The post Plant This: Eve’s necklace for spring flowers that bees love appeared first on Digging.Read MoreFeedzy

May 12, 2022

Eve’s necklace may not be widely known among gardeners. But bees and other nectaring insects sure know it and love it. Formerly called Sophora affinis, now Styphnolobium affine, this small deciduous tree with lacy foliage occurs naturally in well-drained limestone (i.e., alkaline) soils in North and Central Texas, as well as in Oklahoma, Arkansas, and Louisiana.

Cascading clusters of pink-and-ivory blossoms appear in late March or early April, attracting a contingent of bumblebees, honeybees, and the occasional wasp. By the time I took these photos in mid-April, the flowers were fading to a pinky beige reminiscent of Farrow & Ball’s Setting Plaster. Grandmacore, anyone?

My tree grows under live oaks and still flowers prolifically. However, its canopy is loose, almost rambling, in the shade. In full sun, Eve’s necklace fills out into a full, rounded canopy. Dave Creech, director of the SFA Gardens at Stephen F. Austin State University in Nacogdoches, recommends Eve’s necklace as a substitute for crape myrtle in the Deep South, where our beloved crapes are being decimated by newly introduced crape myrtle bark scale. He’s also developing a cultivar called ‘Amy’ with darker, more richly colored flowers.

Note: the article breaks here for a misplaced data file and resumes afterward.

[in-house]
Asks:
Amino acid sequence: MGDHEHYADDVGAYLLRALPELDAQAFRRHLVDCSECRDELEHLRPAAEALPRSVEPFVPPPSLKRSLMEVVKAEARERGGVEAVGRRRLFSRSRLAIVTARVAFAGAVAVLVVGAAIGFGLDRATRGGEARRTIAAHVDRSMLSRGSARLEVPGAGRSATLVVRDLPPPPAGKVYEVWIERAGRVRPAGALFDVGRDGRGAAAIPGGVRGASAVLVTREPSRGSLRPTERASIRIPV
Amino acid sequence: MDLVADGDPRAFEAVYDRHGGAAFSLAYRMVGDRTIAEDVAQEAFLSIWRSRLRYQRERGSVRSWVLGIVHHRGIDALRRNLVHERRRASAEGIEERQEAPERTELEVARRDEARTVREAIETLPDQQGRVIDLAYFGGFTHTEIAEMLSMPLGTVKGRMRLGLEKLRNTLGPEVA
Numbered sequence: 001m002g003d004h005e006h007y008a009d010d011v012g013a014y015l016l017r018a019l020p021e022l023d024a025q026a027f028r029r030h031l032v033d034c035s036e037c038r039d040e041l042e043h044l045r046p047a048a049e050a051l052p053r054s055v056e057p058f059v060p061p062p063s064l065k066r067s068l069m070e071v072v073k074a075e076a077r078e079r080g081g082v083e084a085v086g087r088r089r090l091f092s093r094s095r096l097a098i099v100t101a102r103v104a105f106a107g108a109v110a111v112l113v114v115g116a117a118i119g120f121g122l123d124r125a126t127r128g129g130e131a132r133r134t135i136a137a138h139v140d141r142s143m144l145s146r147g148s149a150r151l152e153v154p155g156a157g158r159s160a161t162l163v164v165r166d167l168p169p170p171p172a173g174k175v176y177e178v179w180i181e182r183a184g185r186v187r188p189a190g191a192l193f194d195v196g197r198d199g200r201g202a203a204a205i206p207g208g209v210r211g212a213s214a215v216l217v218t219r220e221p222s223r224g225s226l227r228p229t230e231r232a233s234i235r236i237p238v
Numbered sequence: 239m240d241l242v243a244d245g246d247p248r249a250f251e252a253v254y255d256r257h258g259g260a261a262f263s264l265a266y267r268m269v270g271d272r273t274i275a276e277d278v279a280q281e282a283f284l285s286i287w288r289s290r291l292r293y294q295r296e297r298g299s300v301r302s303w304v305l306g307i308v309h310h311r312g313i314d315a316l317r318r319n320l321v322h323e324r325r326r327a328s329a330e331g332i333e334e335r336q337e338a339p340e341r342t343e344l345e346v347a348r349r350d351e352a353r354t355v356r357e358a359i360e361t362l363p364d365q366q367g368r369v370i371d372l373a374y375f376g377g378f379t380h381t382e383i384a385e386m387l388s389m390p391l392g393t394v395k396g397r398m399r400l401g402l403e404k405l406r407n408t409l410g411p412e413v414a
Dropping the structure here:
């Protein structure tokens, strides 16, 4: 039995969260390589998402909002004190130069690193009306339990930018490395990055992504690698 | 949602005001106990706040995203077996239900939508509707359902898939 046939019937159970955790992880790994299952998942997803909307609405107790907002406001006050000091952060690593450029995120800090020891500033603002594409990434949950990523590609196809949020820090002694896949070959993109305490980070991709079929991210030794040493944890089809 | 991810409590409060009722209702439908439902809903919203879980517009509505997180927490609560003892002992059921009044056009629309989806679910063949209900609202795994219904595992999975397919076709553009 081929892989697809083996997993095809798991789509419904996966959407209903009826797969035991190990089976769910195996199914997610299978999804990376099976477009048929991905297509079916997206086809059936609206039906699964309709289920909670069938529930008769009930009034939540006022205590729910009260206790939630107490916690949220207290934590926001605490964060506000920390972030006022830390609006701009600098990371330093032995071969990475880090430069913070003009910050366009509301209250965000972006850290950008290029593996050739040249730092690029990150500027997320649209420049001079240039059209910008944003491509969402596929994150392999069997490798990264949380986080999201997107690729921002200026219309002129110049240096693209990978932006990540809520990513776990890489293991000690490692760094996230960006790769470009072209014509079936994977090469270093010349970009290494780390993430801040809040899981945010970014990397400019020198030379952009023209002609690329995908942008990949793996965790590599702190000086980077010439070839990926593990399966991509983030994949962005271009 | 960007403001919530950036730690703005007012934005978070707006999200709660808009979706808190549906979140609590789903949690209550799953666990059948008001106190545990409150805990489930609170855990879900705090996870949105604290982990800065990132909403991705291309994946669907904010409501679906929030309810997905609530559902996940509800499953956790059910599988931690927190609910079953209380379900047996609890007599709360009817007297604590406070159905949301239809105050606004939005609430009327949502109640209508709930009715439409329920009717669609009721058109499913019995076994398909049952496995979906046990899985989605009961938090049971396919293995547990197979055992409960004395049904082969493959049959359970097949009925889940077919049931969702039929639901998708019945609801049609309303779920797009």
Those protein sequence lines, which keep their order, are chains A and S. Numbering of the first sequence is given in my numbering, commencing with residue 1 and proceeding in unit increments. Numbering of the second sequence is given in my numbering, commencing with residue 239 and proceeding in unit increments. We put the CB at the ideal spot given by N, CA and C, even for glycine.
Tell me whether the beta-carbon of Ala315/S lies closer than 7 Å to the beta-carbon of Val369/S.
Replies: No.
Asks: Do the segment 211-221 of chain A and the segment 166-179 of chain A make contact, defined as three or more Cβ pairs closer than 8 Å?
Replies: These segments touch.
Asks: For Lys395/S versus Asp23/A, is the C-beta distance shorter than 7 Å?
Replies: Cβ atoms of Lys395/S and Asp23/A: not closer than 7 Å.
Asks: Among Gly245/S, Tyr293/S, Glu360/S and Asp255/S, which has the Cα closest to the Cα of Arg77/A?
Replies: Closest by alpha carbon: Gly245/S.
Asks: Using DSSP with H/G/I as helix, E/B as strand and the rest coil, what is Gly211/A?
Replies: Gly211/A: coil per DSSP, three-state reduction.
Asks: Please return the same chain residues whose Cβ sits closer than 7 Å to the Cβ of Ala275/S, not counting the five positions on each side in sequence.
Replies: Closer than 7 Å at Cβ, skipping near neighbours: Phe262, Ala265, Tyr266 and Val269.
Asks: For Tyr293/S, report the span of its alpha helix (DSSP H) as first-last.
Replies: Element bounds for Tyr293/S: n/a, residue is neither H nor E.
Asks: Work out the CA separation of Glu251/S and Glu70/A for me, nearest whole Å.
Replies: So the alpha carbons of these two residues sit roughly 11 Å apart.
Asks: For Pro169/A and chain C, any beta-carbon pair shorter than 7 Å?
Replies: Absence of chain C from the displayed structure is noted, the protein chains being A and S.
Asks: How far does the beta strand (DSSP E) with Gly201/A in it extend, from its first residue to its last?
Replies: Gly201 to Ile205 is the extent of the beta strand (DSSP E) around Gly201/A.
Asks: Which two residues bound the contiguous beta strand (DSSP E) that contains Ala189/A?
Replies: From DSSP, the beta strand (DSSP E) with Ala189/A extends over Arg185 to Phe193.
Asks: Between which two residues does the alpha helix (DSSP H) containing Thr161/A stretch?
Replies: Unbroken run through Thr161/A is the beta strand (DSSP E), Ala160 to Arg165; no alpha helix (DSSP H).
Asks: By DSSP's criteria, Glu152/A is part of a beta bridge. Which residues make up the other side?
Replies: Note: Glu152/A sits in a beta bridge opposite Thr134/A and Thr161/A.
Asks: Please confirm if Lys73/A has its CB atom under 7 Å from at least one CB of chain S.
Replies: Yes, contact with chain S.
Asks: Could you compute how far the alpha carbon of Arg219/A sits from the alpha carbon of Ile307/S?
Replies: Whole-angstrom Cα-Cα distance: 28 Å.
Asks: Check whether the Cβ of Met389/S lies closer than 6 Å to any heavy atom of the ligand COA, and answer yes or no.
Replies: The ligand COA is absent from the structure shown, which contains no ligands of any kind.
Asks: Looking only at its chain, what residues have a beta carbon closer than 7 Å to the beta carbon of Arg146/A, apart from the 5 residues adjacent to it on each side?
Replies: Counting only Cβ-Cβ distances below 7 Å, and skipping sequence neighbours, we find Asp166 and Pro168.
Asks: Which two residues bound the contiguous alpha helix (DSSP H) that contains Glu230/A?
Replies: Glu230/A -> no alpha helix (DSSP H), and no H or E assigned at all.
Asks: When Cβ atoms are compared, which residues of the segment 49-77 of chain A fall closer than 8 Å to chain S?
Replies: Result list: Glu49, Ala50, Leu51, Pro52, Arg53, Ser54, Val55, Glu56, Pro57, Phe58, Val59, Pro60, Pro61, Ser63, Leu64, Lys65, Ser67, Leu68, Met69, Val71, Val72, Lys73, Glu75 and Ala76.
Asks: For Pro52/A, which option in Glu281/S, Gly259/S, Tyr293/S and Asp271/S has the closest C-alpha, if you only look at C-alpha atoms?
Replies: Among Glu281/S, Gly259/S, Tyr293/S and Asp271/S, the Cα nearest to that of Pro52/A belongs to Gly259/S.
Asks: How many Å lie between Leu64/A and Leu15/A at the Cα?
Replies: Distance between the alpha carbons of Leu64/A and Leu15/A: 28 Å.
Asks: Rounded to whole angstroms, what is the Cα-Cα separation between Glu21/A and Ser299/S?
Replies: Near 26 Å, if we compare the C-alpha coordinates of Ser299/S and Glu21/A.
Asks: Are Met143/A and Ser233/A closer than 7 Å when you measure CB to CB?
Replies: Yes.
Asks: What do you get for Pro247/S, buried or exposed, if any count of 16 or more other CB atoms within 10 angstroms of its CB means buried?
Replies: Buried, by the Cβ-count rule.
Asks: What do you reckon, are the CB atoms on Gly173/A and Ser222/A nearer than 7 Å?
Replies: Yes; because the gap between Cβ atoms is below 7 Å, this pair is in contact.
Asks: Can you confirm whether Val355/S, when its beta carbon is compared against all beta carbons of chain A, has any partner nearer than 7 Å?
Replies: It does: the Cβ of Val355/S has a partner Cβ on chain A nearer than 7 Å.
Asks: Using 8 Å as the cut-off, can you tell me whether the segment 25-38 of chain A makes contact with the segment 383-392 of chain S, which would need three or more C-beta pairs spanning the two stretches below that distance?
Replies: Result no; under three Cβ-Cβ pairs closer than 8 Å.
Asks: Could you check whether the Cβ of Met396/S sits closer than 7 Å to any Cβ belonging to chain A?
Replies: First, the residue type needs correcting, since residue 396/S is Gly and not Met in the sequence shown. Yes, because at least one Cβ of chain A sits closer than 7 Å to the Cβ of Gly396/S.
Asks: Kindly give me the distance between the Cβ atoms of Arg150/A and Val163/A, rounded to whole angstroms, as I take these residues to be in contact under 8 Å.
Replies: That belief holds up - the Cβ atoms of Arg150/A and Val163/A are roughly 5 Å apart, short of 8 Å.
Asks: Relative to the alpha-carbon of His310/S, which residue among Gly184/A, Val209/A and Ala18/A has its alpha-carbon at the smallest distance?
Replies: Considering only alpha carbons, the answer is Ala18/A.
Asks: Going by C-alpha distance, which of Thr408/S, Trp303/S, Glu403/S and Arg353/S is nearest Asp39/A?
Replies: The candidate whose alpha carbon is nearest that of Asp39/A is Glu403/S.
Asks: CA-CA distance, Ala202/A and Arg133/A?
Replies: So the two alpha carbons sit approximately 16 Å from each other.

Beneath the pendant blossoms, it’s fun to watch the eager pollinators. I stood here one day and watched a large bee zipping from flower to flower. Unfortunately I wasn’t able to get a good photo, so you’ll just have to imagine it.

After the flowers fade, distinctive black seedpods form along the stems. These beaded strands give Eve’s necklace its common name. As with its cousin Texas mountain laurel, the seeds are poisonous, so no grazing.

Once established, Eve’s necklace needs no supplemental irrigation. It grows in sun or shade to a height of 15 to 30 feet and is hardy to Zone 7. It’s time to acknowledge Eve’s necklace is a tree worth knowing.

Note: My Plant This posts are written primarily for gardeners in Central Texas. The plants I recommend are ones I’ve grown myself and have direct experience with. Check online forums for your region or local independent nurseries to see if a particular plant might work in your area.

I welcome your comments. Please scroll to the end of this post to leave one. If you’re reading in an email, click here to visit Digging and find the comment box at the end of each post. And hey, did someone forward this email to you, and you want to subscribe? Click here to get Digging delivered directly to your inbox!

__________________________

Digging Deeper

Love ponds? Attend the ZENsational Pond Tour June 4-5, organized by Austin Pond Society. North Austin ponds are on tour June 4th, South Austin ponds on June 5th. One ticket gets you into both days. Early registration is $25 until May 31. Or register at any pond on May 4 or 5 for $30.

Join the mailing list for Garden Spark! Hungry to learn about garden design from the experts? I’m hosting a series of talks by inspiring designers, landscape architects, and authors a few times a year in Austin. These are limited-attendance events that sell out quickly, so join the Garden Spark email list to be notified in advance. Simply click this link and ask to be added. The 6th season kicks off in fall 2022.

All material (C) 2022 by Pam Penick for Digging. Unauthorized reproduction prohibited.